A bleak picture of shared ownership tenure, promoted by government and housing associations as the first steps to home ownership, was laid before MPs earlier this month.
Solicitor Giles Peaker, of Anthony Gold, who specialises in representing tenants and leasehold owners, was addressing the All Party Parliamentary Group on leasehold and commonhold reform.
Many present, such as Ruth Cadbury, Labour MP for Brentford and Isleworth, have direct experience of the unfairness that can be encountered by housing association shared ownership leaseholders.
The aim of shared ownership was to help lower paid and essential workers to get a foot on the housing ladder given exorbitant property prices, particularly in London.
“As you will see when you start looking at the legal structure, that is not entirely how it works,” said Mr Peaker.
“The name shared ownership is probably about as wrong as it possibly could be in crucial respects: its costs are not shared and in very definite effects it is not ownership.”
Mr Peaker explained: “What a shared ownership leaseholder actually has is an assured tenancy, for a fixed term of 99 years or 125 years.”
Mr Peaker said that this interpretation was confirmed in the 2008 case in the High Court of Richardson v Midland Heart housing association. Referenced in the New Law Law Journal here https://www.newlawjournal.co.uk/content/shared-ownership-leases
“What that means is that unlike an ordinary lease is that all the issues and grounds around forfeiture don’t apply. It is an assured tenancy for the purposes of the Housing Act 1988.
“But … that also excludes relief from forfeiture.”
The possession process follows the Housing Act 1988.
“Possibly the most dangerous one for shared ownership tenants is what is called ground 8. It is a mandatory ground which says that if you are in two months’ rent arrears at the time a notice is served, and then in months’ rent arrears arrears at the time of a court hearing on a possession claim, the court MUST make a possession order. It is a mandatory ground and there is no way round it.
“Unless you have a mortgage lender who is prepared to step in, you lose the whole shared ownership lease. You also lose the premium you paid for it.
“It is possible on a £1 million shared ownership flat in London, where you might have a 25% share, that you could lose it all on two months’ rent arrears.”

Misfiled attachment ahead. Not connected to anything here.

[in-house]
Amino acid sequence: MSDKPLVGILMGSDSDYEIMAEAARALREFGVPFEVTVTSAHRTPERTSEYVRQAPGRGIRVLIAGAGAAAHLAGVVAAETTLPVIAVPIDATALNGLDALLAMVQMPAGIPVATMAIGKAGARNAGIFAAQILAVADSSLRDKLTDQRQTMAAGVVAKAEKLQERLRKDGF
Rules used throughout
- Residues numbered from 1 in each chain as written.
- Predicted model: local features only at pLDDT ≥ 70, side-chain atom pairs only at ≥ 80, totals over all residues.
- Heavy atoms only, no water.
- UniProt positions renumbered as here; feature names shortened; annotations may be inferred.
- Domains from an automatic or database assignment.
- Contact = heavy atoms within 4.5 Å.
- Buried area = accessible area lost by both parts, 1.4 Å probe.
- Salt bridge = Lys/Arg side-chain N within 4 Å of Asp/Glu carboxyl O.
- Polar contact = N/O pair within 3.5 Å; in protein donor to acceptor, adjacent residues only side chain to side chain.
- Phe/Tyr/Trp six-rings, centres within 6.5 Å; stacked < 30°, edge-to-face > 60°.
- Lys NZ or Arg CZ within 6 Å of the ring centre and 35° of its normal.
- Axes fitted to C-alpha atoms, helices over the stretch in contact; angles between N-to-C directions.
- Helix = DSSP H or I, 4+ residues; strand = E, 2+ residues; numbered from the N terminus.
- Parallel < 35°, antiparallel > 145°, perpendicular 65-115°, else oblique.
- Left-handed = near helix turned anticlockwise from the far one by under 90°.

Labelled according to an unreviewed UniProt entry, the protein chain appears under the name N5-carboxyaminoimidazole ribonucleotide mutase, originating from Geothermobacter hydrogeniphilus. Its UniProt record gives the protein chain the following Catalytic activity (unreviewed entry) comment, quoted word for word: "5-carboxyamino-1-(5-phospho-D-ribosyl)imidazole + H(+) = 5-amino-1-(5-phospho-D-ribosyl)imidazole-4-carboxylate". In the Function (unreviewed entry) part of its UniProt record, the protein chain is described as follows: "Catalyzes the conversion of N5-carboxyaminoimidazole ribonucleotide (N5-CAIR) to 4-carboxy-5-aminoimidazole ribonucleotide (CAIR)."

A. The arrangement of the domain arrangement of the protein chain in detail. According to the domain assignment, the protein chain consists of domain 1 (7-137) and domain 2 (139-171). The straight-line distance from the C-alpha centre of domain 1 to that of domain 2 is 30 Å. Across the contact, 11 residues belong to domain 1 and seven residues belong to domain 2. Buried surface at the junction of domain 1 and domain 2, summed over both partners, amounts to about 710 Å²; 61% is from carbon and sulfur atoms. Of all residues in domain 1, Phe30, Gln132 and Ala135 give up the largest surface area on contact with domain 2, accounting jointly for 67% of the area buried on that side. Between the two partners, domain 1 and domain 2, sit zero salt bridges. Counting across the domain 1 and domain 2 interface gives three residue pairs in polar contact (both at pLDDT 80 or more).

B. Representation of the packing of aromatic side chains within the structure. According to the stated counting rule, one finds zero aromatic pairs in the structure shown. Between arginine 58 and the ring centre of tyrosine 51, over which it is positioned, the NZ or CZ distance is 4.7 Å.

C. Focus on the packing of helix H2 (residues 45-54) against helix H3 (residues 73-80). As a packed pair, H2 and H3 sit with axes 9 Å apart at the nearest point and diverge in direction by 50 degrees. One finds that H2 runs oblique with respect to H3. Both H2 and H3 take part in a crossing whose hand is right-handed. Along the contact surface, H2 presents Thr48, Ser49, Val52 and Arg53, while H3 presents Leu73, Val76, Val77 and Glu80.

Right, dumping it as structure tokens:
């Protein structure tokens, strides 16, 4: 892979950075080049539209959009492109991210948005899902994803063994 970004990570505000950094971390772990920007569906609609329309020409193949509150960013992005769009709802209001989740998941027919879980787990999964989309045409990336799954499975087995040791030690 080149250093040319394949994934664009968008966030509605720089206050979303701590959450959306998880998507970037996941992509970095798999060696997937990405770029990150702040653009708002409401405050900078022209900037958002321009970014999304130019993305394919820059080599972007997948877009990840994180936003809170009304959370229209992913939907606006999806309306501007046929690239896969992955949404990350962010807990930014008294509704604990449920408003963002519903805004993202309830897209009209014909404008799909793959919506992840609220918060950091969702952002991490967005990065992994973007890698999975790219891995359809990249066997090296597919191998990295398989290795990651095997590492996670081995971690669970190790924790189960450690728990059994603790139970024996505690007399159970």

There will be no possibility of retrieving the situation by seeking relief of forfeiture under the lease, which usually gives you six months after a possession order.
Mr Peaker said:
“What this means in effect is that your security of tenure on a shared ownership lease is considerably less than a standard long lease.
“We know that you can lose everything because that is exactly what happened in Richardson and Midland Heart.
“It involved a 25% share and no mortgage. That had been paid off. A couple of months’ rent arrears and the housing association said: ‘Don’t worry, we will help you sell.’ And then immediately served a section 8 notice and immediately brought possession proceedings.
“The whole property went.
“That was it.
“Midland Heart did say that as a gesture of goodwill it would repay the premium. It is very unclear whether they actually did. Last I heard from Mr Richard’s lawyers was that they hadn’t.
“So, that’s the ownership side. You have got an assured tenancy. It is a long term one, with significantly less security of tenure.”
Having highlighted concerns with the “ownership” aspect of shared ownership, Mr Peaker then turned to the “shared” side of things.
“Your share – 25%, 75% – you don’t actually hold. It is not an interest in the property; it is a contractual right to a percentage of the equity of the property when it is actually sold. It is just a contractual right to a share of the sales price.
“You are paying a premium in effect for the right to staircase to 100%. It is unbelievably hard to get figures of the tenants who actually do staircase to 100%. The only people who hold them are the housing associations. The usual figures that circulate are between 5% and 8%.
“Now as a route into property ownership, where between 5% and 8% finally get to 100% ownership of the property, that is starting to sound as though there are problems with the model.”
For those lucky few who do staircase to 100% share of the property, there can also be problems: one of the shared owners present at the APPG did precisely this … and then found she had to find another £30,000 because the lease had gone below 80 years. This prompts the question of why they are sold with relatively short long leases – 99 or 125 years – instead of 999 years.
The crucial area where shared ownership is not shared is service charges.
Mr Peaker said:
“Usually, if you are paying rent on a short tenancy the rent covers repairs. The landlord is liable for the repairs: you pay the rent, but you do not pay anything on top.
“Or, if it is a conventional long lease you pay a full service charge.
“But here we have got a model where you are paying significant rent and 100% service charges.